Kamloops welcomes the world
Kamloops welcomes the world
Top female players to shine in B.C. city
The scenic British Columbia city, located a 40-minute flight or four-hour drive east of Vancouver, is thrilled to be hosting the biggest annual showcase of international women’s hockey. Its only previous IIHF experience came during the 2006 IIHF World Junior Championship, as Russia, Sweden, the Czech Republic, Slovakia, and Latvia played round-robin games there.
Kamloops previously bid to host the 2013 Women’s Worlds, but fell short as the tournament was awarded to Ottawa instead. Still, this city of 85,000, picturesquely ringed by mountains, is no stranger to high-level women’s hockey.
In fact, Kamloops got a great warm-up for these Women’s Worlds when the 2014 Four Nations Cup took place here, featuring Canada, the United States, Sweden and Finland. Fans packed the 6,400-capacity arena, recently re-christened the Sandman Centre.
Regardless of their nationality, players loved the host city.
“It feels really professional, from what we saw,” said Sweden’s Pernilla Winberg, whose seven points at the 2014 Olympics tied her with Finland’s Michelle Karvinen for the tournament lead. “It’s always great to be over there and play tournaments, because everyone is so happy about it and positive about everything. They’re working so hard to help us out with everything.”
“I think Kamloops has been great for us,” said American star Brianna Decker, who scored the gold-medal winner at the 2015 Women’s Worlds in Malmo, Sweden. “It’s a beautiful area, and hopefully my parents can enjoy the scenery as well.”
It’s hard to sum up just how much Kamloops thrives on hockey. It’s the kind of city where, after the Four Nations Cup concluded with Canada’s 3-2 shootout victory over the U.S., young female fans were still outside playing street hockey nearby at midnight.
Strong male hockey role models also abound in Kamloops. For instance, the Sandman Centre’s address is 300 Mark Recchi Way. Recchi, who won gold at the 1988 World Juniors and 1997 Worlds and sits 12th in all-time NHL scoring, is just one of the big names to emerge from this area.
Many of Canada’s best-known IIHF stars played major junior here with the Western Hockey League’s Kamloops Blazers. Two-time Olympic gold medalists Scott Niedermayer and Jarome Iginla head up that list, along with Shane Doan, whose resume features two World Championship titles. Another long-time NHLer, Doug Lidster, went from playing at the 1984 Olympics to serving as an assistant coach with the gold-medal women’s team at the 2010 Winter Games in Vancouver.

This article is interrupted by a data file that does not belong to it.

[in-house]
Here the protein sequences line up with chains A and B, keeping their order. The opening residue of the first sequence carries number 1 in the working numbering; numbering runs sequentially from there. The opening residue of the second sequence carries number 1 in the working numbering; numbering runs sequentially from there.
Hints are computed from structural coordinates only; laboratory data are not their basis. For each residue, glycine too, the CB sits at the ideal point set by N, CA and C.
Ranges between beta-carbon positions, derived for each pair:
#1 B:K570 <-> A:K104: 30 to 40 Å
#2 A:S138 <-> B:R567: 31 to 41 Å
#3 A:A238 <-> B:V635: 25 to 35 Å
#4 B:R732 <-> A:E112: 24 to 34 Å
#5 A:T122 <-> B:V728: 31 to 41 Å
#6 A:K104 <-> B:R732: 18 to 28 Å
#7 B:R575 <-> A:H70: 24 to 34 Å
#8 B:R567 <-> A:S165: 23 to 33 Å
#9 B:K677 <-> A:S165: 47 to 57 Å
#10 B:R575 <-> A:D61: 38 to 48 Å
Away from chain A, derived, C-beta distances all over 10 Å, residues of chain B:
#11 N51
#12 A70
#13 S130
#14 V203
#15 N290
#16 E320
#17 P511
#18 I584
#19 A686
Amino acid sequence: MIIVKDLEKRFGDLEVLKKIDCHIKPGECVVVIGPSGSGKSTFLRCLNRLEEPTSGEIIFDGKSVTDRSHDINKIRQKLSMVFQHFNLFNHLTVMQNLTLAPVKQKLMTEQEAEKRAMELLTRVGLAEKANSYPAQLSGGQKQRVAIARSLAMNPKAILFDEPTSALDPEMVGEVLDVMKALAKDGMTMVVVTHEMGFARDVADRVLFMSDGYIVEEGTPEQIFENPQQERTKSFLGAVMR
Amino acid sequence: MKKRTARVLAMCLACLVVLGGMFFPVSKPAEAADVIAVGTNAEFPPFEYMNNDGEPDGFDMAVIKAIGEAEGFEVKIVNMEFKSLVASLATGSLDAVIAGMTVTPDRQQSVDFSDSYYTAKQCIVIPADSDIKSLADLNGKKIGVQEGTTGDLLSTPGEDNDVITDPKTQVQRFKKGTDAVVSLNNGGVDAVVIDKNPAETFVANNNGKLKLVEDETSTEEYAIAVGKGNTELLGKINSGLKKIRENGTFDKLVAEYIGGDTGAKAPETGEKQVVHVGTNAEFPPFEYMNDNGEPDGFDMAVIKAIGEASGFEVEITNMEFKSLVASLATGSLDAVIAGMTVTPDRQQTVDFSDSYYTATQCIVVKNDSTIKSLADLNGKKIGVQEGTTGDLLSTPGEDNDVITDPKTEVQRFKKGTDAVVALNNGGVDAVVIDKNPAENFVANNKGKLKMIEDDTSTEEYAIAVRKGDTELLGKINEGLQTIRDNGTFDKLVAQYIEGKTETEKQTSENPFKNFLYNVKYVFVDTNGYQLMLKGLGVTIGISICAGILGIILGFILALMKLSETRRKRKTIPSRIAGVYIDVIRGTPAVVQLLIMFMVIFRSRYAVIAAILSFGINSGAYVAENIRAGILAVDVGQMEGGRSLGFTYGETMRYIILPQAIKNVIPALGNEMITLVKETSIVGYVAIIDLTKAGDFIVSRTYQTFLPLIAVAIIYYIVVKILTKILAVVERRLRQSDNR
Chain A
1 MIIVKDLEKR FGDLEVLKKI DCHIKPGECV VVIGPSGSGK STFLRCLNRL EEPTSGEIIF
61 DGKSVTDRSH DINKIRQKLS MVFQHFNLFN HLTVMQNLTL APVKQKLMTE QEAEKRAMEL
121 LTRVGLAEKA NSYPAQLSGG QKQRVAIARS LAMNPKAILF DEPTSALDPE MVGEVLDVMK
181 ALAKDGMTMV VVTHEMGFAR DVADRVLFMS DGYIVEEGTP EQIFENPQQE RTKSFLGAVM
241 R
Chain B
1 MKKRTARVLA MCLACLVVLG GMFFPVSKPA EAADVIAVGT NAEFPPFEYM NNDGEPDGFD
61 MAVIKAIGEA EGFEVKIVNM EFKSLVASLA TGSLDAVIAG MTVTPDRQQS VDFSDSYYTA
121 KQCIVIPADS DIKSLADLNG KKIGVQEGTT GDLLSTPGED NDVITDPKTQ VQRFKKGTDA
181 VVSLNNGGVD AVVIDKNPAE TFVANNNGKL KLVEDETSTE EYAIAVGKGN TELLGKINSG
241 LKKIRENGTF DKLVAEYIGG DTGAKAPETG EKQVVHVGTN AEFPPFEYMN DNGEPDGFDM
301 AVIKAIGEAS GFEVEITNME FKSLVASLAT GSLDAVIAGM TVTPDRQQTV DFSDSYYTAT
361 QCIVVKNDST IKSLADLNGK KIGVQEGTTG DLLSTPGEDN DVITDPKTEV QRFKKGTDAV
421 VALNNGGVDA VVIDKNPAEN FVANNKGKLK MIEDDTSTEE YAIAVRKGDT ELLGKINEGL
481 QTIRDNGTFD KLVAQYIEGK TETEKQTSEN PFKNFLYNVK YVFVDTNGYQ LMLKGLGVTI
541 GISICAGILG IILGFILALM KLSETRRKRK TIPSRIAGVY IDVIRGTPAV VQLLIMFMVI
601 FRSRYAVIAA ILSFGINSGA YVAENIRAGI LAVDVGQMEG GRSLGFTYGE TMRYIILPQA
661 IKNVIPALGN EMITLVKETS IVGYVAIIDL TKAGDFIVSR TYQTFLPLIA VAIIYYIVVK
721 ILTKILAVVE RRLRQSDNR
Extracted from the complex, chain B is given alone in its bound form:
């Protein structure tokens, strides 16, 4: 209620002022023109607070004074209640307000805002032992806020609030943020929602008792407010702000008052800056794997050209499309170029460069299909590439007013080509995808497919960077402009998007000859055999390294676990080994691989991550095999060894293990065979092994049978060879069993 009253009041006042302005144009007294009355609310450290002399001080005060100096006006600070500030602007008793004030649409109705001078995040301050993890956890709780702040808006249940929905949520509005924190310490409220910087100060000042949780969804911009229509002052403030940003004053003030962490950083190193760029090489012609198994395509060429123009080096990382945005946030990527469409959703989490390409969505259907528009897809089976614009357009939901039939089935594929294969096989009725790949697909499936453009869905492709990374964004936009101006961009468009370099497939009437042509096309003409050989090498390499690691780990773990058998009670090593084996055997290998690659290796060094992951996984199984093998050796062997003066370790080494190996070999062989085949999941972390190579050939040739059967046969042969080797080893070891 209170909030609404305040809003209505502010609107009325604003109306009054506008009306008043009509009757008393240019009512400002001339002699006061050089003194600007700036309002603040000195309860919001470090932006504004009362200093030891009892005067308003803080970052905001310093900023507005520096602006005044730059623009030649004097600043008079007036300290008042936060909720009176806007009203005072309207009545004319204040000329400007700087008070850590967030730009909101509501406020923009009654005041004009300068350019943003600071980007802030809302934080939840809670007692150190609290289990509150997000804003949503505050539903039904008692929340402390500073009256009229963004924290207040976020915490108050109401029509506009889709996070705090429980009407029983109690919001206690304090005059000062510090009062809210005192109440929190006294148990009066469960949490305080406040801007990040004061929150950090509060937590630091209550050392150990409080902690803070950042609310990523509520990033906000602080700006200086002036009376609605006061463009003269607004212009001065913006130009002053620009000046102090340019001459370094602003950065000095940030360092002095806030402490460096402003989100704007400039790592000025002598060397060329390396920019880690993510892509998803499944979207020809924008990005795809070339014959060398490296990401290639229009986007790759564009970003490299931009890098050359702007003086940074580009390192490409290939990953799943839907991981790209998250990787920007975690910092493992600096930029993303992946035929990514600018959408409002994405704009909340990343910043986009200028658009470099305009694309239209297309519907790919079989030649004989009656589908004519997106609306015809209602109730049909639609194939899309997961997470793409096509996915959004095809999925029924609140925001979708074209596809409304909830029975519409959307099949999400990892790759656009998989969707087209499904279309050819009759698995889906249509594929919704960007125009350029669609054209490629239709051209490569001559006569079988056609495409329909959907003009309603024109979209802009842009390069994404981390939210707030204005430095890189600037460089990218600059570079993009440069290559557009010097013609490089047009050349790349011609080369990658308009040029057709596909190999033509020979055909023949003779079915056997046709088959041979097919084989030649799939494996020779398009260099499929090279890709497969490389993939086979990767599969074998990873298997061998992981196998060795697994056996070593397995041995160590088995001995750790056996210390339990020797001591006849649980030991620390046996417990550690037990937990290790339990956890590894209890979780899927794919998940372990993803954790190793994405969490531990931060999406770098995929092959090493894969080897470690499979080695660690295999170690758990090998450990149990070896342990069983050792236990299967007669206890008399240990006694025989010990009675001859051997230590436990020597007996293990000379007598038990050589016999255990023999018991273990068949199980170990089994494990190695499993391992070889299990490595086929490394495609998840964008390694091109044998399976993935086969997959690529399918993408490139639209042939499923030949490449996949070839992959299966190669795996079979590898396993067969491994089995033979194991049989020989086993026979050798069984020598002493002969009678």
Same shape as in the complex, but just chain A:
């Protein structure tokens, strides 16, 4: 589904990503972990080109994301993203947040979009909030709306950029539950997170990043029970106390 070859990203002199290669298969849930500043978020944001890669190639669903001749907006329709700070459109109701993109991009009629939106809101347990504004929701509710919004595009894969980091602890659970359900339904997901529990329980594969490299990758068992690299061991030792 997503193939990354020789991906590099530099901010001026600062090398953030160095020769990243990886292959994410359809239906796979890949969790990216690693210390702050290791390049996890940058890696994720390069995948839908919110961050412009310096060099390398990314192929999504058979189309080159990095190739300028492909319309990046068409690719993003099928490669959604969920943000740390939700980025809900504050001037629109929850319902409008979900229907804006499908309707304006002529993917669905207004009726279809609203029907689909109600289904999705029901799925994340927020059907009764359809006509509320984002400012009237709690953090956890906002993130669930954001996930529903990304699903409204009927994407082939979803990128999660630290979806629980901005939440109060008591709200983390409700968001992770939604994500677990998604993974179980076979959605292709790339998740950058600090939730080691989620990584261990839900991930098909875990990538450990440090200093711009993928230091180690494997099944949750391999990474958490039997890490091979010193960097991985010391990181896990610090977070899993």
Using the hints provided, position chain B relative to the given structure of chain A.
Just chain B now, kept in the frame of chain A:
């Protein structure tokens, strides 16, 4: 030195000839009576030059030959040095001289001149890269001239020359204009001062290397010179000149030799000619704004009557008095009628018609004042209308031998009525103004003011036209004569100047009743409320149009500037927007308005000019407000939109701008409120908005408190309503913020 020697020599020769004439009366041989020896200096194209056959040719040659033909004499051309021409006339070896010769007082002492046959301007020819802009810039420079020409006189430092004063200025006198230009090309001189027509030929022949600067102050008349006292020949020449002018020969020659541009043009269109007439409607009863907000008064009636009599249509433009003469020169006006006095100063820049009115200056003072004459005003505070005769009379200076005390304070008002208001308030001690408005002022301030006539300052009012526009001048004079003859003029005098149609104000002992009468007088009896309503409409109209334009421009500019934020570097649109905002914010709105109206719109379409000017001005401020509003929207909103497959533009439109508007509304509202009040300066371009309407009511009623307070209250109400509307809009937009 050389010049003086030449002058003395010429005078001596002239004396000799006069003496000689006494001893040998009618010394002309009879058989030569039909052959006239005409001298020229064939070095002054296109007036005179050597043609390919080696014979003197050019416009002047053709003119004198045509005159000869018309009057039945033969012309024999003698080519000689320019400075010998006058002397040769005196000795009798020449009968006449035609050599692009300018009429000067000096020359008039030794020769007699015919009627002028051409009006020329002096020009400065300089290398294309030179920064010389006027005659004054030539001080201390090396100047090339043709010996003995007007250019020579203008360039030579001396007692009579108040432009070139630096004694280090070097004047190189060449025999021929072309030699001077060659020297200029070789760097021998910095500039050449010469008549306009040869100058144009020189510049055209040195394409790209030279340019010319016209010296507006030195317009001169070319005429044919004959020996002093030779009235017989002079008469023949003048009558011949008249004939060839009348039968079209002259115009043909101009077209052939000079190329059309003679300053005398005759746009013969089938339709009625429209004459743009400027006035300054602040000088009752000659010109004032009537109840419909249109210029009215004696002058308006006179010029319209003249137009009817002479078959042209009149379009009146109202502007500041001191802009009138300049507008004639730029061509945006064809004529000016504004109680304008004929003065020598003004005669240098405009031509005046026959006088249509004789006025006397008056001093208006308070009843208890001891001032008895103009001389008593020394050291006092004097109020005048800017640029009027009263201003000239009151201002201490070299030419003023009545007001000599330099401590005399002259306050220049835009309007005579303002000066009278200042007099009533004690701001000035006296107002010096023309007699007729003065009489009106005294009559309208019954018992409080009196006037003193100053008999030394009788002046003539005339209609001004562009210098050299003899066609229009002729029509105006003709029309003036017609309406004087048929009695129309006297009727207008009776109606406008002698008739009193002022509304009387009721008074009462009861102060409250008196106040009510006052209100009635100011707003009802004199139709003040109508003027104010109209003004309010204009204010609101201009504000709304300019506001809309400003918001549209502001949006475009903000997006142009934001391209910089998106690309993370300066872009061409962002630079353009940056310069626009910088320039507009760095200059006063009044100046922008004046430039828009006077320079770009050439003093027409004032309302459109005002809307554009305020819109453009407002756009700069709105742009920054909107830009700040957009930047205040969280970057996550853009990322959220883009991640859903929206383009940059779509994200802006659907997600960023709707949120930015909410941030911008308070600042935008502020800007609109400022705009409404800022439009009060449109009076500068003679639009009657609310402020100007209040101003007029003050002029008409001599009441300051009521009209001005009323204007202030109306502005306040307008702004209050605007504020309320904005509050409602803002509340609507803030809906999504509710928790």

The Blazers, three-time Memorial Cup champions (1992, 1994, 1995) as Canada’s top junior club, have also spawned many prominent coaches. These include Tom Renney (now president and CEO of Hockey Canada), Ken Hitchcock, Marc Habscheid, and current bench boss Don Hay.
It’s no wonder Kamloops will host the 16th annual Hockey Day in Canada celebrations (February 3-6) prior to the World Women’s Championship. Undoubtedly, the stage is set for a fantastic ambience both on and off the ice this spring in Kamloops.
In between the 22 games at the Sandman Centre and the secondary venue, the 1,000-capacity McArthur Island Sport and Event Centre, there will be plenty of ways for fans to entertain themselves.
Want to get some exercise? The nearby Sun Peaks Ski Resort is Canada’s second-largest ski area, covering three mountains with more than 130 downhill runs. There are also close to 20 groomed cross-country trails.
Swedish head coach Leif Boork paid a visit to the Secwepemc Museum and Heritage Park during last year’s Four Nations Cup. Next to the South Thompson River, it offers a fascinating look at local native culture, from traditional pit houses to grizzly bear legends. Alternatively, check out an 1843-constructed log cabin and a 1902 red Wolseley car at the Kamloops Museum.
When you get hungry, sample the high-end local fare at Terra, where Steve Yzerman has dined. The menu ranges from slow-braised bison short ribs to cherry brownies. Or create your own Neapolitan pizza at Bold Pizzeria, which is operated by former NHLer Steve Gainey, the son of Montreal Canadiens great Bob Gainey. Craft beer fans can stroll over to the critically acclaimed Noble Pig Brewhouse.
Yes, there will be plenty of reasons for good cheer. We can expect one of the most enthusiastically supported World Women’s Championships ever as Canada vies to regain its crown from the Americans for the first time since 2012.
After the Four Nations Cup final last year, Canada’s Brianne Jenner said: “The crowd was about 6,000 and really loud. It sounded more like 12,000. It was great. We had a great week in Kamloops. We’re excited that we’ll be able to come back here for the Women’s World Championship.”
And now, it’s almost time for that milestone.
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